'No role in addressing the issues'

A new Official Information Act (OIA) response shows there has been virtually no communications between the refining company and the Environment Ministry about contamination or remediation.

The communications since the start of 2020 consist of a single stock exchange announcement, and James' email in April.

The ministry told RNZ:

"MFE [Environment Ministry] is not a regulator in this regard and therefore has had no role in addressing the issues relating to the site at Marsden Point."

The ministry has not provided Environment Minister David Parker with any advice about Marsden Point, according to the OIA response.

The only relevant briefing was a generalised one it gave him in February, titled 'Contaminated and orphan sites liability regime'.

It has refused to release that briefing to RNZ on the grounds that doing so might constrict the free flow of advice from officials.

Read the Official Information Act request to the Environment Ministry

'Costly remediation'

The MFE briefing is a follow-up to one from Treasury, also in February, that was released earlier.

It warns the country is facing "a changing industrial landscape where several large industrial operations are nearing end of life after 50 or more years of operation".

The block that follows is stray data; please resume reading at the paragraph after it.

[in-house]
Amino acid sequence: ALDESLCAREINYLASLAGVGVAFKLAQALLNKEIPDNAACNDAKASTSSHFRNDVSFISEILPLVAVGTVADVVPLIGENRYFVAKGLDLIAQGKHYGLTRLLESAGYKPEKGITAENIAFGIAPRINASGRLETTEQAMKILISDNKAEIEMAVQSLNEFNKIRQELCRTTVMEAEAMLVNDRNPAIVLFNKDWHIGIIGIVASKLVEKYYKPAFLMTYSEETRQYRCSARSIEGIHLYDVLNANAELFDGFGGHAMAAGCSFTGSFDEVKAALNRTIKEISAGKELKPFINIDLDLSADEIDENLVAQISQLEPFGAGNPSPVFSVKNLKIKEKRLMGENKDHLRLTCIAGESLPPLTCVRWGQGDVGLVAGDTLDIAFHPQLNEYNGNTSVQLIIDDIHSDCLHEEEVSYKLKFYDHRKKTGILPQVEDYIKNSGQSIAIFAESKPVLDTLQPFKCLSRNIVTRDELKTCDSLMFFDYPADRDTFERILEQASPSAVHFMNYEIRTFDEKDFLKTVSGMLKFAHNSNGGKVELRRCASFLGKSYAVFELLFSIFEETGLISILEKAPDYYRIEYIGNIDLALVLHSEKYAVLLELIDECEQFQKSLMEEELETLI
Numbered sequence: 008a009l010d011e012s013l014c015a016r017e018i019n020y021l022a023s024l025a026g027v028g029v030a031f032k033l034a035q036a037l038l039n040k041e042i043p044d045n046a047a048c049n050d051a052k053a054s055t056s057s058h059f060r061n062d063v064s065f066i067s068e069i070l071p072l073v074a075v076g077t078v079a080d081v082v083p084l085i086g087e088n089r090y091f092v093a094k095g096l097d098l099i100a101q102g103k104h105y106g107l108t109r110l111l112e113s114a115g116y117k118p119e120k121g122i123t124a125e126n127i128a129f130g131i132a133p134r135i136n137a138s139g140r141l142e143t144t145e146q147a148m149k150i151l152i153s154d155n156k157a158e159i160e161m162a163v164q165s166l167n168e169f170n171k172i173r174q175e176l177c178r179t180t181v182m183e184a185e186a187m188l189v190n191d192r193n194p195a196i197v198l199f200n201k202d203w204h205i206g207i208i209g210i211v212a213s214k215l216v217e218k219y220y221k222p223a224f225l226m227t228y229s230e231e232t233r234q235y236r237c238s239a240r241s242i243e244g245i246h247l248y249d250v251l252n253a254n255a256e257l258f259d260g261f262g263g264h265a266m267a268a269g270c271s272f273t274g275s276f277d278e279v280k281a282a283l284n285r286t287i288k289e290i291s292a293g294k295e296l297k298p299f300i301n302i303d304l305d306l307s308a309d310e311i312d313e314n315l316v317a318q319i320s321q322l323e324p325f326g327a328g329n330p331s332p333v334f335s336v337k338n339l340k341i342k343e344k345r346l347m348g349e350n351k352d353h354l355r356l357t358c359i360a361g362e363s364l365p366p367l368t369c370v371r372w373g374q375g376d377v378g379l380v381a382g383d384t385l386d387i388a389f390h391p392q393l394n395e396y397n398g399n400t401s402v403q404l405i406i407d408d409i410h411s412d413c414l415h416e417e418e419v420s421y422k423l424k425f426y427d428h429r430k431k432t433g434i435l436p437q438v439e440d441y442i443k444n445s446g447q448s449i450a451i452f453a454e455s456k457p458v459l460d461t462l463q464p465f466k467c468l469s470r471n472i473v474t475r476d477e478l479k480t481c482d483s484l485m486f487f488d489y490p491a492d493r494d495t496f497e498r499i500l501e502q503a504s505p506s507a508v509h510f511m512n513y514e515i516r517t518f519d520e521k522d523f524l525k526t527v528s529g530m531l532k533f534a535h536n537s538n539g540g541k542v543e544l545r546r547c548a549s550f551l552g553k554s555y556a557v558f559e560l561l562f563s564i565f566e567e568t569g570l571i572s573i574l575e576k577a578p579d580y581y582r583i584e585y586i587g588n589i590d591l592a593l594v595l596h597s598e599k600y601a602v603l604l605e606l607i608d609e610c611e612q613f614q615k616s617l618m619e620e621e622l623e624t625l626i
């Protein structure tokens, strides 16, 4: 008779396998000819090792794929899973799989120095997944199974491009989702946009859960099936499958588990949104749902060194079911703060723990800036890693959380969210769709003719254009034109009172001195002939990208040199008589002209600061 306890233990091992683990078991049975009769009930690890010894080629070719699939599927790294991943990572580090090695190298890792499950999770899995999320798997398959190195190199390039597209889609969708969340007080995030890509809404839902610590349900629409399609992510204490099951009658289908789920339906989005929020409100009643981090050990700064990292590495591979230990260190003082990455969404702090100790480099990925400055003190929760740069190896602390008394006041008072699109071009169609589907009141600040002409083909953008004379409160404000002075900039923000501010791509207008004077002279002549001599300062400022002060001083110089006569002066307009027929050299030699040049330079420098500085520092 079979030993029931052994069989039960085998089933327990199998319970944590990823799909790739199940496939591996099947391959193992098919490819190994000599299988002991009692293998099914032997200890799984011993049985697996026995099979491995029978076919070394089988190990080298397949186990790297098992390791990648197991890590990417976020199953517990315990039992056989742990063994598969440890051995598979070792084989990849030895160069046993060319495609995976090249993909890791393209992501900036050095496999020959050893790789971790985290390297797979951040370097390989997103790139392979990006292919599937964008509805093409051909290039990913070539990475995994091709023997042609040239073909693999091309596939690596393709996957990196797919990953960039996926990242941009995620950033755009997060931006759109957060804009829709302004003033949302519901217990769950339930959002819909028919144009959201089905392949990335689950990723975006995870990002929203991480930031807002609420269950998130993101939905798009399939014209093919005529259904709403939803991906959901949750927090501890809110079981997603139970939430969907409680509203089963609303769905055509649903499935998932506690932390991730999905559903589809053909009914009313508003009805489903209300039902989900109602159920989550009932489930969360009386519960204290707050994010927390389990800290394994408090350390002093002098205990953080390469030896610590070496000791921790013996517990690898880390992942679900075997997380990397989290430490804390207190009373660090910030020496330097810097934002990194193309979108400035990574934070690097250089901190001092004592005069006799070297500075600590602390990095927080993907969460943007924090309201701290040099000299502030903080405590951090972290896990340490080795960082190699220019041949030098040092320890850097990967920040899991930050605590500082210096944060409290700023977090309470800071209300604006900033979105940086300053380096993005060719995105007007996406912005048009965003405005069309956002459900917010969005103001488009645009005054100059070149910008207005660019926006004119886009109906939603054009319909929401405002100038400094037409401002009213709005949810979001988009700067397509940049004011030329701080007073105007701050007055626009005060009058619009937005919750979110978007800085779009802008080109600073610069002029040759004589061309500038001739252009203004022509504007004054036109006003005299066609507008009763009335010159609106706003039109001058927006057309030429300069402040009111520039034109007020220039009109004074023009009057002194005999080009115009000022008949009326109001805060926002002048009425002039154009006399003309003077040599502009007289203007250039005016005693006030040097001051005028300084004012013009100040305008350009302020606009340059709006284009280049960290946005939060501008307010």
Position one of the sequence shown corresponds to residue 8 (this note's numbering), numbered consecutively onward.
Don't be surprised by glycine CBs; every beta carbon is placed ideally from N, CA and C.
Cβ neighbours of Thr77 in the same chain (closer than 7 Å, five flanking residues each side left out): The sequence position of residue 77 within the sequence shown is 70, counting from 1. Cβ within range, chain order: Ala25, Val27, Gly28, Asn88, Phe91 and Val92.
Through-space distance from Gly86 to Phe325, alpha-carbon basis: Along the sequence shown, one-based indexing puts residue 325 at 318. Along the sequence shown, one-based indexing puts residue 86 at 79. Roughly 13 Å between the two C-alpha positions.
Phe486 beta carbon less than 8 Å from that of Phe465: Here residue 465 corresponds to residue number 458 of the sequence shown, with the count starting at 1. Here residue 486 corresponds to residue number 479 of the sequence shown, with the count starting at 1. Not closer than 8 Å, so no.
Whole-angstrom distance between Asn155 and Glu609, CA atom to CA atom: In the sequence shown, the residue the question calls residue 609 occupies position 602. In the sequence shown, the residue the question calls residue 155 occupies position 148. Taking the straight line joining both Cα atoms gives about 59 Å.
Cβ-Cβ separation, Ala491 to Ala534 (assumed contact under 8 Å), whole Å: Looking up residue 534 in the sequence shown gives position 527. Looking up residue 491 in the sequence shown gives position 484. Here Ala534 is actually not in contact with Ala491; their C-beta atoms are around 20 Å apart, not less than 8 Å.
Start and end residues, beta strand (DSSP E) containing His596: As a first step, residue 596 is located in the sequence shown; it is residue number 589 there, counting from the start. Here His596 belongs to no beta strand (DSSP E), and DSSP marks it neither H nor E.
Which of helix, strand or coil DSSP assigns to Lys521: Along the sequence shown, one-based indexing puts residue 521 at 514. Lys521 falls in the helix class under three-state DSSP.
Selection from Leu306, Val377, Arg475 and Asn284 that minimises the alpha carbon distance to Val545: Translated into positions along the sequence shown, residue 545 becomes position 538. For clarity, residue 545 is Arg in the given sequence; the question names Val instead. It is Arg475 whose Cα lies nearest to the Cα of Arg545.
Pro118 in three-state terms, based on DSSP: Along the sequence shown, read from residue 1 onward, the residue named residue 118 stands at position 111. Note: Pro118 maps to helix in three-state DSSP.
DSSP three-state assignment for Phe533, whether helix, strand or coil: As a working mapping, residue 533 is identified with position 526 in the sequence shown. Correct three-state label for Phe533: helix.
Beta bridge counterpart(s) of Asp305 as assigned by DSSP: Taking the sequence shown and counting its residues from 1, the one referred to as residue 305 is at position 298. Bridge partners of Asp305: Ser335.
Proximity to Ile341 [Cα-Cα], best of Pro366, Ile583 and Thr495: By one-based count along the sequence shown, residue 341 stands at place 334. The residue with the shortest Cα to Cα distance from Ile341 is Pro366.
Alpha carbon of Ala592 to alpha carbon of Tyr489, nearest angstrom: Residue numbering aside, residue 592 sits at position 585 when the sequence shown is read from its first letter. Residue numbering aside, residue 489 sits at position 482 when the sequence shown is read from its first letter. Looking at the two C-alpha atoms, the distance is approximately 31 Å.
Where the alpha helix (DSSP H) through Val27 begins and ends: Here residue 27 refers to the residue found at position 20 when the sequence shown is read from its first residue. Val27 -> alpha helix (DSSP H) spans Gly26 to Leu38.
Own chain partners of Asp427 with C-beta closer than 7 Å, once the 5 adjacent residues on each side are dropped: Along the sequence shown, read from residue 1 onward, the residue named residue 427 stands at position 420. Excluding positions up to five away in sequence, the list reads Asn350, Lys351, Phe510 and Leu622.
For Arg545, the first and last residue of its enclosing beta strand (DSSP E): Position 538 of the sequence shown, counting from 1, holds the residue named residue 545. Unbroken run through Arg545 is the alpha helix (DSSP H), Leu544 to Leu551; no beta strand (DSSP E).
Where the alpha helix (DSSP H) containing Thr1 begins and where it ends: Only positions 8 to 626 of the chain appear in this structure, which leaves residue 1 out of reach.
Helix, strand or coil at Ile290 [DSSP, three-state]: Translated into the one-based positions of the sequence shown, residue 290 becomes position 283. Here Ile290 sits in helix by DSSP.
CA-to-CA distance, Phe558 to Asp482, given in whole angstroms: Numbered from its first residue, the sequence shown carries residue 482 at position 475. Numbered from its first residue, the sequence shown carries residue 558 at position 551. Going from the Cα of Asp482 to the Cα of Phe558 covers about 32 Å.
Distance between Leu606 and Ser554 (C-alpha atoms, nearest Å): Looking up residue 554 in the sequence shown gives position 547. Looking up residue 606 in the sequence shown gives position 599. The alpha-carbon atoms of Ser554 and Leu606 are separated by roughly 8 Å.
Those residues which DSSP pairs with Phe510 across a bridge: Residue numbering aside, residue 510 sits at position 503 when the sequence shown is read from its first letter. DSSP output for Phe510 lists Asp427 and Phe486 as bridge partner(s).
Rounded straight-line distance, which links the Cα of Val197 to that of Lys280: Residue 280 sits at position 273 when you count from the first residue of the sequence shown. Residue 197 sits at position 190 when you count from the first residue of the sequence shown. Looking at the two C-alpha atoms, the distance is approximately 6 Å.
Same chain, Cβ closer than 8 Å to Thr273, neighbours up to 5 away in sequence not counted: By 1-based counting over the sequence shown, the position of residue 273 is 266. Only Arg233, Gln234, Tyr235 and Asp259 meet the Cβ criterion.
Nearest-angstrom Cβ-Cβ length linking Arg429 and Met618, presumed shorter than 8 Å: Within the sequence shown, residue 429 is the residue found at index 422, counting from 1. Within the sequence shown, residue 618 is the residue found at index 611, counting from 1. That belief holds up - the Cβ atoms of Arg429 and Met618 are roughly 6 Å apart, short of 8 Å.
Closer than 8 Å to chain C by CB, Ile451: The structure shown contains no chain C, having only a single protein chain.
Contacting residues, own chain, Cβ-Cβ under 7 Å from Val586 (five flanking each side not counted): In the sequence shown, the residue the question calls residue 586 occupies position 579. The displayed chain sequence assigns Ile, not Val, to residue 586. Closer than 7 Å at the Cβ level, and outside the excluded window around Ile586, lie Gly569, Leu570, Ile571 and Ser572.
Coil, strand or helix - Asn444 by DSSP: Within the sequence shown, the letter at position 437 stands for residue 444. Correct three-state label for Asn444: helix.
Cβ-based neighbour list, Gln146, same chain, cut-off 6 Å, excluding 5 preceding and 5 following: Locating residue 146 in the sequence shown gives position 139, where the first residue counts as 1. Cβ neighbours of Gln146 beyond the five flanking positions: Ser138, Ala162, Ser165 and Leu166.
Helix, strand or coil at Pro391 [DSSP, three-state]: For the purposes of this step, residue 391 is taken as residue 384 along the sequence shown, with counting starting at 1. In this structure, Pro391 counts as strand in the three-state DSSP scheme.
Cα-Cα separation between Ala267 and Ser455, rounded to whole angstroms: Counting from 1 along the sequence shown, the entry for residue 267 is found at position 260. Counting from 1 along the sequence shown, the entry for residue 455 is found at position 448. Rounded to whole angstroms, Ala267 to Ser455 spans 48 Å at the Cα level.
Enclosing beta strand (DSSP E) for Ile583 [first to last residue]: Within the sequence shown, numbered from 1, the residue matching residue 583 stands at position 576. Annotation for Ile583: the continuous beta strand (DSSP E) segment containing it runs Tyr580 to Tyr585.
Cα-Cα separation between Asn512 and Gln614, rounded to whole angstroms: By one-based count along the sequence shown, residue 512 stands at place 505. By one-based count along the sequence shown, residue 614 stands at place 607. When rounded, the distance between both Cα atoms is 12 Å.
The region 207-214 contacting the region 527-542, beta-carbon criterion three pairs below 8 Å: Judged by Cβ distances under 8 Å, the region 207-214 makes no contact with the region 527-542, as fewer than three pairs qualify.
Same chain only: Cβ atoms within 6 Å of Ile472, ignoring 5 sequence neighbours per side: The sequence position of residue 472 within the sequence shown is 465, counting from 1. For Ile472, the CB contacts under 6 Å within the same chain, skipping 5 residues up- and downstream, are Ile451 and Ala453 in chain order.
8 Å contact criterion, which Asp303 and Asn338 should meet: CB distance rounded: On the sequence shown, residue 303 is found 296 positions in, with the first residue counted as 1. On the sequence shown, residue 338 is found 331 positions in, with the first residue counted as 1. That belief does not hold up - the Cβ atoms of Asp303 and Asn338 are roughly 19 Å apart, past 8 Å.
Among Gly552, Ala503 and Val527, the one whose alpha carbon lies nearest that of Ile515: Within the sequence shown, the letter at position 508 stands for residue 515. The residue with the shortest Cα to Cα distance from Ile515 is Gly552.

"Their decommissioning is likely to require complex, challenging and costly remediation."

RNZ is asking, exactly which operations?

The regulators of the refinery are the Northland Regional and Whangārei District councils.

The regional council said it was too early to remediate the entire refinery site seeing as the import operations would be carrying on (if shareholders gave the nod).

"Critically, the new operations at the site will still need to comply with the current resource consent," the council said.

"In particular, the current consent requires ongoing groundwater monitoring and management of the migration of contaminants within the site, to prevent the escape of ground-based contaminants."